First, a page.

by Donald V. Potter

The fact that market share counts is hardly a revolutionary idea. In fact, it came close to becoming conventional wisdom 15 to 20 years ago, when many began discussing the value of the “learning curve.”

Change the underlying rationale of that conventional wisdom and you see that market share does count – but for much more than the reasons thought before.

Customers Never Leave for Equal Value

“Customers have strong incentive to stay with their current, known suppliers.”

The traditional reason for wanting market share is to lower cost by moving down the learning curve.

Greater volume leads to greater cumulative experience, which should reduce unit cost. This idea, which won wide acceptance in the 1970s, has fallen somewhat out of favor. But in most industries, the learning curve is valid. Greater volume does lead to lower cost to serve customers.

There is an even more significant value in market share. Market share means that you “own” a certain number of customer relationships – you are established with those customers and are meeting their needs. And, all things being equal, customers have strong incentive to stay with their current, known suppliers. There is risk in movement – risk of the unknown, of internal disruption. Inertia always favors the current supplier.

The key phrase is “all things being equal”. Customers virtually never leave their current supplier for another that offers essentially the same deal. They leave only when another supplier offers better value through either higher performance (features, reliability, convenience) or lower price. The “new deal” has to be sufficiently better to overcome inertia.

Satisfied Customer is Costly Barrier

A competitor who wants to take away a customer you “own” will have to invest in offering a significantly better deal. The investment cost of enticing your satisfied customer more than offsets any functional cost advantage a competitor might have in serving that customer.

Let’s be concrete: The Exhibit illustrates a mature market. In mature markets, the measurable, functional cost differences between the strongest and weakest competitors, as a percentage of sales, is seldom as much as 10%. Most often, the cost differences among peer competitors is equivalent to less than 5% of sales. Customers can readily find discounts in the range of 3-7% off standard pricing. However, little net share changes on these discounts. Rather, the cost of breaking into an established relationship and taking away the customer is often 10% or more. Even if a lower cost competitor sought to take customers you “own”, he would have to invest his apparent cost advantage (~5%) plus an additional increment (~5%) to move the customer relationship.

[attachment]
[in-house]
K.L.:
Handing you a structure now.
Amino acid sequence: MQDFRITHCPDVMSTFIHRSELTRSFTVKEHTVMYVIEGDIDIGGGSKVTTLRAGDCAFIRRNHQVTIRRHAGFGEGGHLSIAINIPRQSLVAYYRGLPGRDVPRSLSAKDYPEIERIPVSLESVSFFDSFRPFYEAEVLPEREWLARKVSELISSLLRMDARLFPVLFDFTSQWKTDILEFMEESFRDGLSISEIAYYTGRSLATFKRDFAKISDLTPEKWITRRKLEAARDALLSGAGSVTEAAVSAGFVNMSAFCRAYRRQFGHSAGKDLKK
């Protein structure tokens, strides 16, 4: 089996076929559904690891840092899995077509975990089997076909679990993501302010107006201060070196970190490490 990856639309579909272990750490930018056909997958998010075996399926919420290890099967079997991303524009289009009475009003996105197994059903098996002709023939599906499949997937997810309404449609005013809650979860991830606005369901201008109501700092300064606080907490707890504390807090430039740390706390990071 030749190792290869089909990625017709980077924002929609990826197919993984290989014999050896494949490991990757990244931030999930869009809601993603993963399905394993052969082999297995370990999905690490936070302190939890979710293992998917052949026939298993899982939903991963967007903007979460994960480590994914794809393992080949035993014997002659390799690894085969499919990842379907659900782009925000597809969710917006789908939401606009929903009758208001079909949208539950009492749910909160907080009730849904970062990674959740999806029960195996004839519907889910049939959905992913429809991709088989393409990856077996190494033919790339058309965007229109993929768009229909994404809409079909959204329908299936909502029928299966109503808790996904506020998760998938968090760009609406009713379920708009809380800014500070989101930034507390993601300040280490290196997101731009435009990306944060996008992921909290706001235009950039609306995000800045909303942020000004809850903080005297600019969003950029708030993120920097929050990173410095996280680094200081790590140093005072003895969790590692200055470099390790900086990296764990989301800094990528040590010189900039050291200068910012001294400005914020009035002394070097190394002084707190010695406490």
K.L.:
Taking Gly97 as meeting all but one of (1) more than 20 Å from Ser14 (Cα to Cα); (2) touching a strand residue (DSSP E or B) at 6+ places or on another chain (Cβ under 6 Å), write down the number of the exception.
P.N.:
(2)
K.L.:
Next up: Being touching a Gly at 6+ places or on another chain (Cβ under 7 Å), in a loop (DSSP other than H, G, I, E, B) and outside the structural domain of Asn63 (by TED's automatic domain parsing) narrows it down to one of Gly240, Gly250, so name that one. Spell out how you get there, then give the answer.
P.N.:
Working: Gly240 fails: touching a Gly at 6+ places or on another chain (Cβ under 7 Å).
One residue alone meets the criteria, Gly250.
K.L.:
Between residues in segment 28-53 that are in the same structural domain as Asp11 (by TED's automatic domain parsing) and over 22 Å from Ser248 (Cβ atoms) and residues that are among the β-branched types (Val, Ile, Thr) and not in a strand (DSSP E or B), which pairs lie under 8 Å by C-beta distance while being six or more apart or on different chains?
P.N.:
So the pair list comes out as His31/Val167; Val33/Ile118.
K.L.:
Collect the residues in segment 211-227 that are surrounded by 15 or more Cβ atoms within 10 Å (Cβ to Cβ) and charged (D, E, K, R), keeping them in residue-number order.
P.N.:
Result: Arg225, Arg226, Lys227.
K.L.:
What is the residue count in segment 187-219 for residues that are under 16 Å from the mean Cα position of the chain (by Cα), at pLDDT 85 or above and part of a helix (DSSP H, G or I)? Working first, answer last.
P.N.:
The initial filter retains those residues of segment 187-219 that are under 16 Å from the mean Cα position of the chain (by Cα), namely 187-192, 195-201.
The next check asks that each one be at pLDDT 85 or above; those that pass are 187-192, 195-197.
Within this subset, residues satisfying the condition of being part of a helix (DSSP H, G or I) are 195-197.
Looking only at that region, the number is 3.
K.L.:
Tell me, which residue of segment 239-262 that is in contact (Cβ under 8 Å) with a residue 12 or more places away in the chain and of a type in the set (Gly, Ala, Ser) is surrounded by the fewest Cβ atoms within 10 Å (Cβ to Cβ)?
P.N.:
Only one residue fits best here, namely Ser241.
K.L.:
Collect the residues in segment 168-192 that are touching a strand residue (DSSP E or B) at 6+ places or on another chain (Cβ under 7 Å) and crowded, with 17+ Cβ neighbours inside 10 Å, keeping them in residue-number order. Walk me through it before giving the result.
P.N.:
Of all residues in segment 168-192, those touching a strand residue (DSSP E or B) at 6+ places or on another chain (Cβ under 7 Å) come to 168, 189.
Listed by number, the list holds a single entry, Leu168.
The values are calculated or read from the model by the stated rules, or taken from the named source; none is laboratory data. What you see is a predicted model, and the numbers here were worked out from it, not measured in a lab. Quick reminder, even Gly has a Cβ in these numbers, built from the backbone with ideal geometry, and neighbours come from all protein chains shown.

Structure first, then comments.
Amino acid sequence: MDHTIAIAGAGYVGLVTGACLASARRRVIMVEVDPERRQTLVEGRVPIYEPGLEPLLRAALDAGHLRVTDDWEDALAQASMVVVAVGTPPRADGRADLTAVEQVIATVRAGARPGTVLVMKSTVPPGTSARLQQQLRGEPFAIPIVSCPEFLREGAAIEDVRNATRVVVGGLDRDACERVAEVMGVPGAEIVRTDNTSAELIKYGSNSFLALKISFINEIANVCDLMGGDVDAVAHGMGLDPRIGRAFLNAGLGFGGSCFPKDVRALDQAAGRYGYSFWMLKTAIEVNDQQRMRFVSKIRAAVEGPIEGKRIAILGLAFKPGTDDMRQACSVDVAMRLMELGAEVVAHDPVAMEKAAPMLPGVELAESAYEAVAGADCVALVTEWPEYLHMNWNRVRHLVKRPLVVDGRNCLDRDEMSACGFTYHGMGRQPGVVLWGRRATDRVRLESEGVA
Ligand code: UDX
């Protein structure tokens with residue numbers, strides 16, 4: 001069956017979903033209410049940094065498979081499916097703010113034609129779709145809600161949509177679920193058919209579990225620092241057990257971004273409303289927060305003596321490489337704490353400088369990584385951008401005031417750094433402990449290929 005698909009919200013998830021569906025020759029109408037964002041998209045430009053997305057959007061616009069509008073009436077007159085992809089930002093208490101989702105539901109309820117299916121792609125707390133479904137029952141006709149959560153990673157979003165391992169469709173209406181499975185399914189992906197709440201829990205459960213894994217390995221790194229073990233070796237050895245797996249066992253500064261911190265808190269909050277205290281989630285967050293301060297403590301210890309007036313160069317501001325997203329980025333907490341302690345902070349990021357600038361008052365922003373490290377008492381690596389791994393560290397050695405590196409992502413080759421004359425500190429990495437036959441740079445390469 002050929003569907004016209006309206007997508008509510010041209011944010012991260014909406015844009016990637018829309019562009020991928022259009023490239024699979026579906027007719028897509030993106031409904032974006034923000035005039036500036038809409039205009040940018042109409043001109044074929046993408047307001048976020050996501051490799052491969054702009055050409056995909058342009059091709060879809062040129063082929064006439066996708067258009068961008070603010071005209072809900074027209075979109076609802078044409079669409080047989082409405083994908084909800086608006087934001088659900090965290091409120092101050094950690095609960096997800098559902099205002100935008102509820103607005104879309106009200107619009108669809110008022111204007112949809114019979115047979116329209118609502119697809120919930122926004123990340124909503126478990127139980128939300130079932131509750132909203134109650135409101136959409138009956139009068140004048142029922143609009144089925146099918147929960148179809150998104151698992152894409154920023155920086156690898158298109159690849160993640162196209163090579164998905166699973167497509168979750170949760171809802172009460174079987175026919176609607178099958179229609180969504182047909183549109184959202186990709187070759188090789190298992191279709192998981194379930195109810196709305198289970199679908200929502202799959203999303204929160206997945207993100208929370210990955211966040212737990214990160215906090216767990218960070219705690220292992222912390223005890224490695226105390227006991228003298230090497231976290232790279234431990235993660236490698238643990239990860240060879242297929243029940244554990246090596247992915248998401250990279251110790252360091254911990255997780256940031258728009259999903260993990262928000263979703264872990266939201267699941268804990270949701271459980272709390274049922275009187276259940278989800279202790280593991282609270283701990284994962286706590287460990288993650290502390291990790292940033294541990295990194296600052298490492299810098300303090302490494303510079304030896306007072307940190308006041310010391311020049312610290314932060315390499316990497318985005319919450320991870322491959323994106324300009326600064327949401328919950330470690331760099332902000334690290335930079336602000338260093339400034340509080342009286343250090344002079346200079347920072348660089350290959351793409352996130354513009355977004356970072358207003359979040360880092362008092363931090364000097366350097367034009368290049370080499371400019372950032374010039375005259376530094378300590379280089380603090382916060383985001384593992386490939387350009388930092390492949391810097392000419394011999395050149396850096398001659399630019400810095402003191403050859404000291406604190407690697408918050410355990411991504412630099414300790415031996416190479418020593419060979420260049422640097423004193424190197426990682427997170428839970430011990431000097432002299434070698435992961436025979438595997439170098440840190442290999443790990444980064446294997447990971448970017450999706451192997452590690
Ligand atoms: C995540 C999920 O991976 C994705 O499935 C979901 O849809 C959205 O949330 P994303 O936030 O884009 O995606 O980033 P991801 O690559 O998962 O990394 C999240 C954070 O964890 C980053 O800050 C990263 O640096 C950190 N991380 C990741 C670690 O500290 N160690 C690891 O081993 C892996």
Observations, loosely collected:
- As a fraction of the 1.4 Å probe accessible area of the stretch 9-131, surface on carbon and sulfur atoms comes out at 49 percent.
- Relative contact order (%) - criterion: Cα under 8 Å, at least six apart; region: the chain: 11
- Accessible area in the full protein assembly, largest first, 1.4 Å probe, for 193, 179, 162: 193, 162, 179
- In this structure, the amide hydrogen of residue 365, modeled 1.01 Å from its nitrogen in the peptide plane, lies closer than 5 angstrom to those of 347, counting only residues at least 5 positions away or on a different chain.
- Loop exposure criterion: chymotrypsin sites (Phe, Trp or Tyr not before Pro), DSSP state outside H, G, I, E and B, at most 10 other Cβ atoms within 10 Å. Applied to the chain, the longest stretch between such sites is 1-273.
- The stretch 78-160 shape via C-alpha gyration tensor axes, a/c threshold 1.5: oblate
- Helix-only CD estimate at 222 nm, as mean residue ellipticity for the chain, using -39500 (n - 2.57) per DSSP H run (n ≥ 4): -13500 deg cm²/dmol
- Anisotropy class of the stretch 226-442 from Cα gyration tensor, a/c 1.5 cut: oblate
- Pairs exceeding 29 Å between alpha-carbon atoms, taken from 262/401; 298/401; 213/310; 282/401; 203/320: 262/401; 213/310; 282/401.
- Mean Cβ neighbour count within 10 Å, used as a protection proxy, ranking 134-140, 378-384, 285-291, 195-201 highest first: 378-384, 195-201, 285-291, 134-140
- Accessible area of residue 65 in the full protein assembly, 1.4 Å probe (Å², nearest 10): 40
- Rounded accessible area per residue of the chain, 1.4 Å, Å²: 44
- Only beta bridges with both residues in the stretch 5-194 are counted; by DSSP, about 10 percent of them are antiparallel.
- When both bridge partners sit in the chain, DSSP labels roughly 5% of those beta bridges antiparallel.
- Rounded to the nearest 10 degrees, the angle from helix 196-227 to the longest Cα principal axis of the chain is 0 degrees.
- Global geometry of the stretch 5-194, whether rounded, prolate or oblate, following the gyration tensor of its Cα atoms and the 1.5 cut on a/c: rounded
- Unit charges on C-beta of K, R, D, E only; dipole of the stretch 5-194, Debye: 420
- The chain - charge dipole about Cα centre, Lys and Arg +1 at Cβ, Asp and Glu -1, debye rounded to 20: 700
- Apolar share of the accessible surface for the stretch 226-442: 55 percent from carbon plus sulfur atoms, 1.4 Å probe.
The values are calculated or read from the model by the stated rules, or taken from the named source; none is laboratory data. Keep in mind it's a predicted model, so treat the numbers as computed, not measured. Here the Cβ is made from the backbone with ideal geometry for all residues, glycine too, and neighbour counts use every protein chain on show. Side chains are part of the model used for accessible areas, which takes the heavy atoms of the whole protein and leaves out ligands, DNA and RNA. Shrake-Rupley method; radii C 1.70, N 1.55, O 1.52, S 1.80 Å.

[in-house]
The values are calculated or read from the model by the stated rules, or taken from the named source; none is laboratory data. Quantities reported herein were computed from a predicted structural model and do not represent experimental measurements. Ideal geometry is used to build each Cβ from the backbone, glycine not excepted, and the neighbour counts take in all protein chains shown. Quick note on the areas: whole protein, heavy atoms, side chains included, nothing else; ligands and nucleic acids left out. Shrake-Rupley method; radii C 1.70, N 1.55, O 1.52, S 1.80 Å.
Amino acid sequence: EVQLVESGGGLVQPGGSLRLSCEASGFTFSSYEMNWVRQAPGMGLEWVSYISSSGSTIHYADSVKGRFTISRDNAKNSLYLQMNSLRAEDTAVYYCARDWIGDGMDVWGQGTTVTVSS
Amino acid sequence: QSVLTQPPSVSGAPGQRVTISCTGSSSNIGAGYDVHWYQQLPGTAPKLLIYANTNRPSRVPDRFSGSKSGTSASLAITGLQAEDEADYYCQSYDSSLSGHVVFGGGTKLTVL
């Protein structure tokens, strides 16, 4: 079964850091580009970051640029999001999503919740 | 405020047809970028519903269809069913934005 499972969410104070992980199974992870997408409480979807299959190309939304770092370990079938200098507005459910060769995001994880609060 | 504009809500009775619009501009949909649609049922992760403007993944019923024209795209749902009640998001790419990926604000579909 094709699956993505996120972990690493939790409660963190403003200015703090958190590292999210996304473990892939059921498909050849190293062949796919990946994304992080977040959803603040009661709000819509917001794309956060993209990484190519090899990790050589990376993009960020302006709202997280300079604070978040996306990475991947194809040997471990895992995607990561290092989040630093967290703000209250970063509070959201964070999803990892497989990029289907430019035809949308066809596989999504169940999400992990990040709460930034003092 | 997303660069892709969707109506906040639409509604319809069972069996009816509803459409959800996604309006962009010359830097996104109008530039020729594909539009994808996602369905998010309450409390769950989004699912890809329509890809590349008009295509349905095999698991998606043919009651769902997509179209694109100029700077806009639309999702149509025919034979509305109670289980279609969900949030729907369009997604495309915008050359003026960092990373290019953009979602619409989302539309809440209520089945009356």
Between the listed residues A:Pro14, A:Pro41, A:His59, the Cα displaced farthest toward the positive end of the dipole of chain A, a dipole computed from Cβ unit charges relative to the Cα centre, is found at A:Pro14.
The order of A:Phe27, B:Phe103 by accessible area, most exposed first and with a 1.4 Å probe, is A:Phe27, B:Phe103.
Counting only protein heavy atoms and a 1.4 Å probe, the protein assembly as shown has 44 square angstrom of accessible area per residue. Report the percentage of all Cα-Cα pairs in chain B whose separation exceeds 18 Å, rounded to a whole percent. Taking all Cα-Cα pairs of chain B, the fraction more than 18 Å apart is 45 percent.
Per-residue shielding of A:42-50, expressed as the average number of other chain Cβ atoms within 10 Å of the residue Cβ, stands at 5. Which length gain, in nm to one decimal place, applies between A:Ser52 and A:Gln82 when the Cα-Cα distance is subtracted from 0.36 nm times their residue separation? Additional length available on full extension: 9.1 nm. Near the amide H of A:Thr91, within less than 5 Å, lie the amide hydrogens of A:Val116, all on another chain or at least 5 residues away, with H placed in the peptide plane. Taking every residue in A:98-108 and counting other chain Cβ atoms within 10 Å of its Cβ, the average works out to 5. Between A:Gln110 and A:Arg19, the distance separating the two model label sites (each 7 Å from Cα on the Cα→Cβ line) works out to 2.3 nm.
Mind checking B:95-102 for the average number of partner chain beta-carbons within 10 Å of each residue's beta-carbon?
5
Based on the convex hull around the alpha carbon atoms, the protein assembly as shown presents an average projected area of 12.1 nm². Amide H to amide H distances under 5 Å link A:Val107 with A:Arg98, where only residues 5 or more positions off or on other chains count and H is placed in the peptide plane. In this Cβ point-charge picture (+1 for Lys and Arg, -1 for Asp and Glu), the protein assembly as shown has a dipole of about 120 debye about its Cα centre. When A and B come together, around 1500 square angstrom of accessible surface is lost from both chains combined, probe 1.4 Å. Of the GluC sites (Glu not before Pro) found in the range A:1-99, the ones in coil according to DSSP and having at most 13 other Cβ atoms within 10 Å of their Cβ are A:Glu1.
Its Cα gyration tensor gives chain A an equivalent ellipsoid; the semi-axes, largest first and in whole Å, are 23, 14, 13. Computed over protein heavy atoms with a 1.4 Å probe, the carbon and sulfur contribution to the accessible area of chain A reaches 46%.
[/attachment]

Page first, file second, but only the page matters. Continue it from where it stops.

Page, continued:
Why Market Share Matters

Market share is a measure of customers “owned”. As the numbers above show, the existing supplier is the low cost competitor for his customers because the cost to move a customer relationship is so high. Ownership of the customer relationship is worth more than any other competitor’s apparent “cost advantage”. Ownership is the low cost position.

The lowest overall cost position, of course, is ownership of the greatest number of customers. That competitor also benefits from the learning curve and traditional economics of scale. Market share matters, then, because it leads to the lowest cost position in the industry.

Implications for Hostile Markets

Before giving up a customer, a company would want to consider:

  1. Might it want the customer back within the next five years?
  2. Will the company’s contribution dollar increase?
  3. Will the competitor who follows in the customer relationship be worse off?

(Note: This Perspective was written in the context of the economy in 1991. While some of the companies may have changed their policies or indeed no longer exist, the patterns they exhibit still hold today.)

Recommended Reading
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Symptoms and Implications: Symptoms developing in the market that would suggest the need for this analysis.